real estate

Andrew Milne / courtesy of The Related Group

Jorge Pérez has built hundreds of condominiums in South Florida since the last housing market collapse. In fact, he has built thousands of condos in his career. They have fueled a multi-billion dollar fortune for him and reshaped the region’s skyline.

His company, The Related Group, is not putting shovels in the ground right now though. He thinks real estate in South Florida is coming in for a soft landing, but not because the American economy is softening.

Miami Herald

If you feel like you’re spending way too much of your paycheck on your monthly rent, you’re not wrong.

Palm Beach Post

While Gov. Rick Scott campaigns on the strength of Florida’s economy, there is no mention of a bleak milestone the state just reached — a record low homeownership rate.

From the soaring pre-recession days, when easy credit pushed housing numbers to new highs, the percentage of Florida households owning homes has now plunged to its worst level ever seen, with data going back more than three decades.

State economist Amy Baker delivered the news this month to the Legislative Budget Commission as part of the state’s three-year financial outlook.

Jungle Island / via Miami Herald

Politicians and property taxes weren’t the only questions on some ballots this primary season. Voters in the cities of Miami and South Miami approved opening the way for the redevelopment of two high-profile properties.

 

Michael Doody remembers some things about his Columbus, Ohio neighborhood in the 1990s:

"Gunshots, helicopters, thefts, smashed out windows, burglaries, robberies, assaults and murders."

In addition to the crime, roughly 50 percent of the children were living in poverty in this area, known as Southern Orchards.

During the mid-20th century, construction of an interstate through the middle of the community separated many of the neighborhood's majority black residents from job opportunities in downtown Columbus.

Sam Turken / WLRN

Real estate broker Gabriel Miranda thought it could take a while to sell unit 905.

The vacant condo is in Echo Brickell, a recently-built, sleek residential tower that overlooks Biscayne Bay and Key Biscayne. The building has elevators for cars, an enormous aquarium in the main lobby and a $42 million penthouse.

HGTV is the winning bidder for the Studio City, Calif., house featured in the sitcom The Brady Bunch, with the cable network's parent company promising to "restore the home to its 1970s glory."

The CEO of Discovery Inc., which recently completed acquisition of HGTV, announced the news on a corporate earnings call.

Ten years after the housing collapse during the Great Recession, a new and different housing crisis has emerged.

Back then, people were losing their homes as home values crashed and homeowners went underwater. Today, home values have rebounded, but people who want to buy a new home are often priced out of the market. There are too few homes and too many potential buyers.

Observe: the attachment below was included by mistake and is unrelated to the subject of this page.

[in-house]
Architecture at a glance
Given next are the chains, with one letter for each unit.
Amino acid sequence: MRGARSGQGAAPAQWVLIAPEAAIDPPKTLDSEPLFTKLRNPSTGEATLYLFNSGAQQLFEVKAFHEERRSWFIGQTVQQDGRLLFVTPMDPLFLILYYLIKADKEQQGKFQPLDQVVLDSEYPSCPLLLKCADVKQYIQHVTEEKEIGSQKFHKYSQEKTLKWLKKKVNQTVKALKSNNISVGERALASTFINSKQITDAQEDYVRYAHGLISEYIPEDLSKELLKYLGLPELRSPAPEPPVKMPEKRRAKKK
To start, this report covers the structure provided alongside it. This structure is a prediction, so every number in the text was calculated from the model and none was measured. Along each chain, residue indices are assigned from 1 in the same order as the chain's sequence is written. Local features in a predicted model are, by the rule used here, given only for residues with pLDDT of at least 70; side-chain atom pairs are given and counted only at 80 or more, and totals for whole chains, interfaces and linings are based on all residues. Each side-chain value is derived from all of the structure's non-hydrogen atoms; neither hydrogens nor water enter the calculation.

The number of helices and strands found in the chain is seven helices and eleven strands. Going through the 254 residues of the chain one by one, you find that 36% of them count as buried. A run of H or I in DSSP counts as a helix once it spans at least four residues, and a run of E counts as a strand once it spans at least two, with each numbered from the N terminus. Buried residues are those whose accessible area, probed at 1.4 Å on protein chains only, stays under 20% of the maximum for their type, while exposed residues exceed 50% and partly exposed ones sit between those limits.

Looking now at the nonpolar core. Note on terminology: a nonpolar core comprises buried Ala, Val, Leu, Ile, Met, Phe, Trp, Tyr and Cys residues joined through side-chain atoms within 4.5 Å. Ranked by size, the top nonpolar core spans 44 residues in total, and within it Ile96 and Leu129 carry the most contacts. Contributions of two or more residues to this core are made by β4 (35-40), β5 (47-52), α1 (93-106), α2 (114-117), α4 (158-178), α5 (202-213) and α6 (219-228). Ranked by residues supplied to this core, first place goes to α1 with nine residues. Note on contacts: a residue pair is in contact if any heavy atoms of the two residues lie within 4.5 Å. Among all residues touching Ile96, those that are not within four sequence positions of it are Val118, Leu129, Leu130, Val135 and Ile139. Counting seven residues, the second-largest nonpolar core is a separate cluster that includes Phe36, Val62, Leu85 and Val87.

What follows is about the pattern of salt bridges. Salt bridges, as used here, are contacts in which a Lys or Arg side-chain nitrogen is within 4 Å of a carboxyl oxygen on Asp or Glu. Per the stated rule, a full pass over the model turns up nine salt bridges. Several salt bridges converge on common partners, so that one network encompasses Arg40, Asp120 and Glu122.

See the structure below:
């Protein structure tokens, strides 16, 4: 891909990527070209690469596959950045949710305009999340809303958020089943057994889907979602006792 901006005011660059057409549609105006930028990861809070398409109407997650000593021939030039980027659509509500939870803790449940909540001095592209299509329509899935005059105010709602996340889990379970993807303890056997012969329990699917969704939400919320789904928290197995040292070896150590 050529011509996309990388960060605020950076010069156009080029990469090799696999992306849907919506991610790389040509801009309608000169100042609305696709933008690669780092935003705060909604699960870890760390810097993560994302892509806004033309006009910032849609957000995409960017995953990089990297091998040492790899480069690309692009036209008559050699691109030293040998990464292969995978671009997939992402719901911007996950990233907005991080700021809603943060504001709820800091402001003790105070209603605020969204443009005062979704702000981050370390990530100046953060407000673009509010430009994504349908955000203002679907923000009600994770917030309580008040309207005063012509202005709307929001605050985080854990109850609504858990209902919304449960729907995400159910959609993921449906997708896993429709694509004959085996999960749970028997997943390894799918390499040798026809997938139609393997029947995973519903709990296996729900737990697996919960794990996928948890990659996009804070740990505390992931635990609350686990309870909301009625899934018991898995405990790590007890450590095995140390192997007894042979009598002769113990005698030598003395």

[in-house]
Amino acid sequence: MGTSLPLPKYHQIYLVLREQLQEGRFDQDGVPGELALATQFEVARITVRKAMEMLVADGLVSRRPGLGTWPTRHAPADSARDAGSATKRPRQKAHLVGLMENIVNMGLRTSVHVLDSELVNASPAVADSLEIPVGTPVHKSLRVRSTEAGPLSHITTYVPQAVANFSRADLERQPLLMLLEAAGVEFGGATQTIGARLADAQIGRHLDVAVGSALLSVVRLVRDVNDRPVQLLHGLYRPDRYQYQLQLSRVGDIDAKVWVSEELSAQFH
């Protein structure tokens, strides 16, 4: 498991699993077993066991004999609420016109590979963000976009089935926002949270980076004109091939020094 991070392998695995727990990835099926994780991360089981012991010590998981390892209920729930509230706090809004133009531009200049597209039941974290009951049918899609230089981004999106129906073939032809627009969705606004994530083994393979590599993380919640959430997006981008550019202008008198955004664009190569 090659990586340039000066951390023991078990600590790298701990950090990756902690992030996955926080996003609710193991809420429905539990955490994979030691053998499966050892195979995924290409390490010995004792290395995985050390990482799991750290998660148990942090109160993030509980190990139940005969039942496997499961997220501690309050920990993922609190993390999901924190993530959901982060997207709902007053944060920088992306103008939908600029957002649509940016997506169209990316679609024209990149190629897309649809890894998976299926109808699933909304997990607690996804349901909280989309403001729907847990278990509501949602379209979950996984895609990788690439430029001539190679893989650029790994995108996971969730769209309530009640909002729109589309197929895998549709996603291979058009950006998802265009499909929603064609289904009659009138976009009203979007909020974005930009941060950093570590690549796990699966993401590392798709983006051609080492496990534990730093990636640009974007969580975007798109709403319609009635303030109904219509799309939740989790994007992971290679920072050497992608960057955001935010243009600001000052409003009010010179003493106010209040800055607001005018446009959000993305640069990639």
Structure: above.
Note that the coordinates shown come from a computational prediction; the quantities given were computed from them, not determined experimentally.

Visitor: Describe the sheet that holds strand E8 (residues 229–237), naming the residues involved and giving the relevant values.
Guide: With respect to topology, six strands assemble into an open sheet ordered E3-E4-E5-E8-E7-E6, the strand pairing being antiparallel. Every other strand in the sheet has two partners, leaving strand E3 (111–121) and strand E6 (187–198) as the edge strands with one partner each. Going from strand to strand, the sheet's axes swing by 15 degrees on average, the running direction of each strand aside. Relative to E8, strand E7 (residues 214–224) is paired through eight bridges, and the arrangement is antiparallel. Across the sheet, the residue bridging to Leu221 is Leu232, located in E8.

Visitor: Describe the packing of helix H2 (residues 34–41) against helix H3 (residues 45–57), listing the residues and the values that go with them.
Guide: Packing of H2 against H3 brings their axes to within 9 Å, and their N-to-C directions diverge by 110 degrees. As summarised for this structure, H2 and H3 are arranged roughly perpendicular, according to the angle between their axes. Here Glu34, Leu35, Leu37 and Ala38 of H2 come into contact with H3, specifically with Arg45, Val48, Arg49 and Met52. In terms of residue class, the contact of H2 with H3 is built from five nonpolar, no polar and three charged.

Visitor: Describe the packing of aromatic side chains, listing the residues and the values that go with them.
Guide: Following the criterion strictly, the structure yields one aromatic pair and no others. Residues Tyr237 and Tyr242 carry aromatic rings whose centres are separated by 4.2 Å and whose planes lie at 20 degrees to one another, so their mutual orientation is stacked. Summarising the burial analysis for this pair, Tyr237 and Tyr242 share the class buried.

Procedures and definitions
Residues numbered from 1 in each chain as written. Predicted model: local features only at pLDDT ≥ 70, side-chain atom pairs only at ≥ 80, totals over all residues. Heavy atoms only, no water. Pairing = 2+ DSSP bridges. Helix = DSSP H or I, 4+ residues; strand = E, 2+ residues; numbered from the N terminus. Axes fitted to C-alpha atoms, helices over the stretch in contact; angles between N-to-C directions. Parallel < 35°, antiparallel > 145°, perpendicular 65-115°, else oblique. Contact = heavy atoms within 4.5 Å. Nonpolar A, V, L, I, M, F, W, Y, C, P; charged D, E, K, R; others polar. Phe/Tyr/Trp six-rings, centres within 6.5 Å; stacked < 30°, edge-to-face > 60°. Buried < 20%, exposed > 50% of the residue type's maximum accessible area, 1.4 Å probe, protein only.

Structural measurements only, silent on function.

Al Diaz / Miami Herald

The Florida Keys took a direct hit from Hurricane Irma last September. But as local governments start putting together their budgets for the next fiscal year, they recently got some good news: the property values on the island chain have increased.

Walter Michot / Miami Herald

There's a reason why people are seriously considering having Miami teachers live at school.

Miami area teachers can now only afford 9 percent of area homes, according to new data from Trulia.

Joe Raedle / Getty Images

The looming impacts of climate change are increasingly raising questions about the future of Miami's real estate, particularly from residents who wonder what will happen to their property as the sea level rises.

Patrick Farrell / Miami Herald

Real estate in Miami-Dade County has ebbed and flowed according to the waters bordering it – the tenet of location, location, location.

 

The tide has since turned, though. The city is looking upward, building condos that tower above the ocean.

But the supply of waterfront property is eroding. This has led some real estate developers to buy condo buildings, tear them down and replace them with something bigger and newer.

Kari Pinto and her husband recently retired, and now they hope to trade Iowa — and its harsh winters — for a state with a milder climate.

But the tax bill President Trump signed into law last month has complicated their search for a new home.

"Now we just have another wrinkle in trying to determine where to go, and how much it's going to cost us," she says.

Tom Hudson

Construction cranes may dot the South Florida skyline. Construction zones may occupy our streets. Cement trucks and tractor trailers carrying bulldozers may mingle in our traffic. But there are fewer people working in construction in South Florida than there were a decade ago when the real estate boom came crashing down.

This building boom doesn’t have unbridled activity like the last one, and it doesn’t have the workforce either. Sixteen percent fewer people are working in construction today compared to the beginning of 2006, even though pay has jumped 15 percent.

In ordinary times, New York-based Vornado Realty Trust would be a natural candidate to take on a major construction project such as the long-awaited rebuilding of FBI headquarters.

As with so much about the Trump era, however, the ordinary rules don't apply.

A commercial real estate firm, Vornado is widely reported to be a finalist to build a new campus for the FBI somewhere in the suburbs of Washington, D.C. But its financial ties to President Trump are raising concerns about conflicts of interest.

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